So, yes, you can see that this is something of an annual moment for U.S. Soccer. That doesn’t excuse a mistake-strewn performance against Belgium, and there are certainly problems around the field (not just in the back, by the way) that require quick address.

But if we can take a step back and inhale, we can see this, at least: We’ve all been here before.

(MORE: United States misses its “brain,” Michael Bradley)

Liga MX wrap: Pachuca earns first win, Leon stays unbeaten

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All of Saturday’s action from around Mexico’s top flight…

Pachuca 3-1 Lobos BUAP

A strong first-half push from the hosts was all Pachuca needed on Saturday night to earn their first victory of the 2018 Clausura season. Angel Sagal brought the home side in front after just 10 minutes off of a near-post header, before Pachuca’s lead soon doubled 14 minutes later from the penalty spot when strike Franco Jara converted on the dead-ball attempt.

Just prior to halftime, Pachuca was out to a 3-0 advantage when 20-year-old outside back Erick Aguirre tallied his first goal for the club.

Last-place side Lobos got on the board three minutes into the second stanza via a finish from Heriberto Olvera, however, it wasn’t enough to provide anything more than a consolation for the visiting side.

Necaxa 1-3 Chivas Guadalajara

Mexican international Alan Pulido made it a dream start for the visitors from Guadalajara at the Estadio Victoria, however, that lead was cancelled out in first-half stoppage time after Carlos Gonzalez leveled the match up at 1-1.

The difference proved to be with 25 minutes left to play, when a goalkeeping error by Marcelo Barovero allowed Chivas to regain possession inside the Necaxa penalty area, before Ronaldo Cisneros tapped home the winner.

Then, a third goal came just prior to the end of regulation when Edwin Hernandez killed the game off for Matias Almeyda’s men, who also earned their first victory of the Clausura season.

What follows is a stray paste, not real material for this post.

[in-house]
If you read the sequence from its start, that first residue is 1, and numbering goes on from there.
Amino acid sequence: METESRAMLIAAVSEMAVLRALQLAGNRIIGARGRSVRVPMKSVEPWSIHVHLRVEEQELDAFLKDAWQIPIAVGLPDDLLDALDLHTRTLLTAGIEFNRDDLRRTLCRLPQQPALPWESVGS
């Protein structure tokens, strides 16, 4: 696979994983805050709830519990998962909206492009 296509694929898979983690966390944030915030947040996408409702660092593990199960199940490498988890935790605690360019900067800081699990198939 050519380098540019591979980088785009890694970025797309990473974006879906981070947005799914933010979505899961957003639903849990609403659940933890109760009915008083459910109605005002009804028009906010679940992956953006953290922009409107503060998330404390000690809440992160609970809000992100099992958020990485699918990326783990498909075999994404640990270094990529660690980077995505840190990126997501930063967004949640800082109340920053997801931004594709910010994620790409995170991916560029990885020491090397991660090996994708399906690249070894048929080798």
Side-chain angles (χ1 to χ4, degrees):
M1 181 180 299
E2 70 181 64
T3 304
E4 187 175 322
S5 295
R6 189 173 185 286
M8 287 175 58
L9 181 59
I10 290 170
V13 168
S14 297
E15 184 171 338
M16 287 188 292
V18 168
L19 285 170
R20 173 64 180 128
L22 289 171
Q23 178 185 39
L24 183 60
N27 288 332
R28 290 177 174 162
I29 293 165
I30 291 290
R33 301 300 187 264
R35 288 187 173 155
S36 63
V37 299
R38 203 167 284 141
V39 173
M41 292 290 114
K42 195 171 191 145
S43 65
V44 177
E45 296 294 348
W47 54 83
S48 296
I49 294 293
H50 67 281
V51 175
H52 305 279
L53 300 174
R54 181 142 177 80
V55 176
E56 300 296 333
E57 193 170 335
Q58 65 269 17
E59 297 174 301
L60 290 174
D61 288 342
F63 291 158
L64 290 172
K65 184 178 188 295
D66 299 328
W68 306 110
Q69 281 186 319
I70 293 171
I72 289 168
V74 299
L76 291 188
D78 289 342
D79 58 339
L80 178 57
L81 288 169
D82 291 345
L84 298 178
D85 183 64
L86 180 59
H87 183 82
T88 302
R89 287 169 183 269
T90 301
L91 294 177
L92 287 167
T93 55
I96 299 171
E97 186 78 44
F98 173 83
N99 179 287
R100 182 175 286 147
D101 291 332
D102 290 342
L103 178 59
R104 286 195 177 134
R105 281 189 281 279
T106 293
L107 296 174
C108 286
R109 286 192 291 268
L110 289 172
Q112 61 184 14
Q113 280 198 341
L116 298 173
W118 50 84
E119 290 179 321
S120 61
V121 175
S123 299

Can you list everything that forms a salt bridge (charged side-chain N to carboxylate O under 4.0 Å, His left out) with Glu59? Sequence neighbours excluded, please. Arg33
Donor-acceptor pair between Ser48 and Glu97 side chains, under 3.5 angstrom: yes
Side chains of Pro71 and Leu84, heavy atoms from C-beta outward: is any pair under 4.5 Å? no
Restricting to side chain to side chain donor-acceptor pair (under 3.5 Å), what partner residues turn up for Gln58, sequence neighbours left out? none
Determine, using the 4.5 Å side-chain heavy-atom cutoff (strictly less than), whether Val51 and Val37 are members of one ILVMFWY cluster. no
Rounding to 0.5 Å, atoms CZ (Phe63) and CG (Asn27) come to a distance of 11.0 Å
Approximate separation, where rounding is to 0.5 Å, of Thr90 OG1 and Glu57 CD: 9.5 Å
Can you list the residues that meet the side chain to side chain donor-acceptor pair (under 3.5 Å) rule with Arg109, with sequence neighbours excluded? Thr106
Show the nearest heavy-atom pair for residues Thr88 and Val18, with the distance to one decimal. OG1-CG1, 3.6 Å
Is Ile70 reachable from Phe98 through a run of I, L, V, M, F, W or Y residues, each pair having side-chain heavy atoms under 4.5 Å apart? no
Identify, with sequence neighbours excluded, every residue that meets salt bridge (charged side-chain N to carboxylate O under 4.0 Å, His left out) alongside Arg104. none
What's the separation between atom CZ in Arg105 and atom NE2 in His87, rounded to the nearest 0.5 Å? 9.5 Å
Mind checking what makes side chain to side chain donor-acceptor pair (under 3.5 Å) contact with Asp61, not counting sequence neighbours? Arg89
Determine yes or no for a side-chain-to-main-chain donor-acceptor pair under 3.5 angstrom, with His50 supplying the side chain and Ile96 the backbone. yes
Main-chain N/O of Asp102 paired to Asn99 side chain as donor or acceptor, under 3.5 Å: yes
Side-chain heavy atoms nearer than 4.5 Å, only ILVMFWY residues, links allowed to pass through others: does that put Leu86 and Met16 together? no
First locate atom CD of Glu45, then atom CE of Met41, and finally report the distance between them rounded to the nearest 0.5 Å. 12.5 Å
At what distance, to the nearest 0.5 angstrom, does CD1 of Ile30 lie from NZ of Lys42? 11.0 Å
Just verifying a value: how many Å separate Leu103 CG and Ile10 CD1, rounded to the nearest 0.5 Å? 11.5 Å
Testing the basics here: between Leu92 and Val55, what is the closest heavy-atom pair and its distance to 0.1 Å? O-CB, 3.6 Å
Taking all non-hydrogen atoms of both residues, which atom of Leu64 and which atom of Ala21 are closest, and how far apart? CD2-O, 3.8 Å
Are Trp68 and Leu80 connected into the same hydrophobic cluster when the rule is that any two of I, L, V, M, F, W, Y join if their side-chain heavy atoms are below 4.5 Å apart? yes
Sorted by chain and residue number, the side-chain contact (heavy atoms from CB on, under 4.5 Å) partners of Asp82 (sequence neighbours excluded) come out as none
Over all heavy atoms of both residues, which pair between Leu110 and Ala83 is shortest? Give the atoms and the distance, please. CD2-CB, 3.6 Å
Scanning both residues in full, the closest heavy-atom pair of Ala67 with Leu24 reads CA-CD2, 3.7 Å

Rest of Saturday’s Liga MX action

Cruz Azul 0-0 Club Leon
Queretaro 0-0 Tigres UANL
Monterrey 0-0 Club Tijuana

Sunday’s matches

UNAM vs. Club America — 1 p.m. ET
Santos Laguna vs. Morelia — 7 p.m. ET

The 2 Robbies: Alexis/Mkhitaryan transfer saga and more

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Robbie Mustoe and Robbie Earle recap all the key stories from the latest Premier League Saturday fixtures including Manchester City’s 3-1 win over Newcastle (0:20), Chelsea’s 4-0 victory at Brighton (10:15) and the latest on the Alexis Sanchez/Henrikh Mkhitaryan saga after wins for Arsenal and Manchester United (19:00). Plus, a closer look at the bottom of the table and thoughts go out to James McCarthy after his serious injury against West Brom (29:00).

Join Earle & Mustoe on The 2 Robbies Football Show, Saturdays at 5pm ET. Listen on the NBCSports Radio App and call 855-323-4622 in the U.S. for lively passionate debate.

All of the The 2 Robbies content can be accessed by clicking on this link:

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Follow them on Twitter @The2Robbies

Video: Stoke’s Imbula scores stunner on loan at Toulouse

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Stoke City supporters know the name Giannelli Imbula, and perhaps they’ll be clamoring for the Frenchman to return to the bet365 Stadium if he can score more goals like this.

[ MORE: PL Roundup — Top three all victorious; Gunners thrash Palace ]

The holding midfielder is currently on loan with Ligue 1 outfit Toulouse, and for the first time this season, Imbula opened his goalscoring account in some fashion.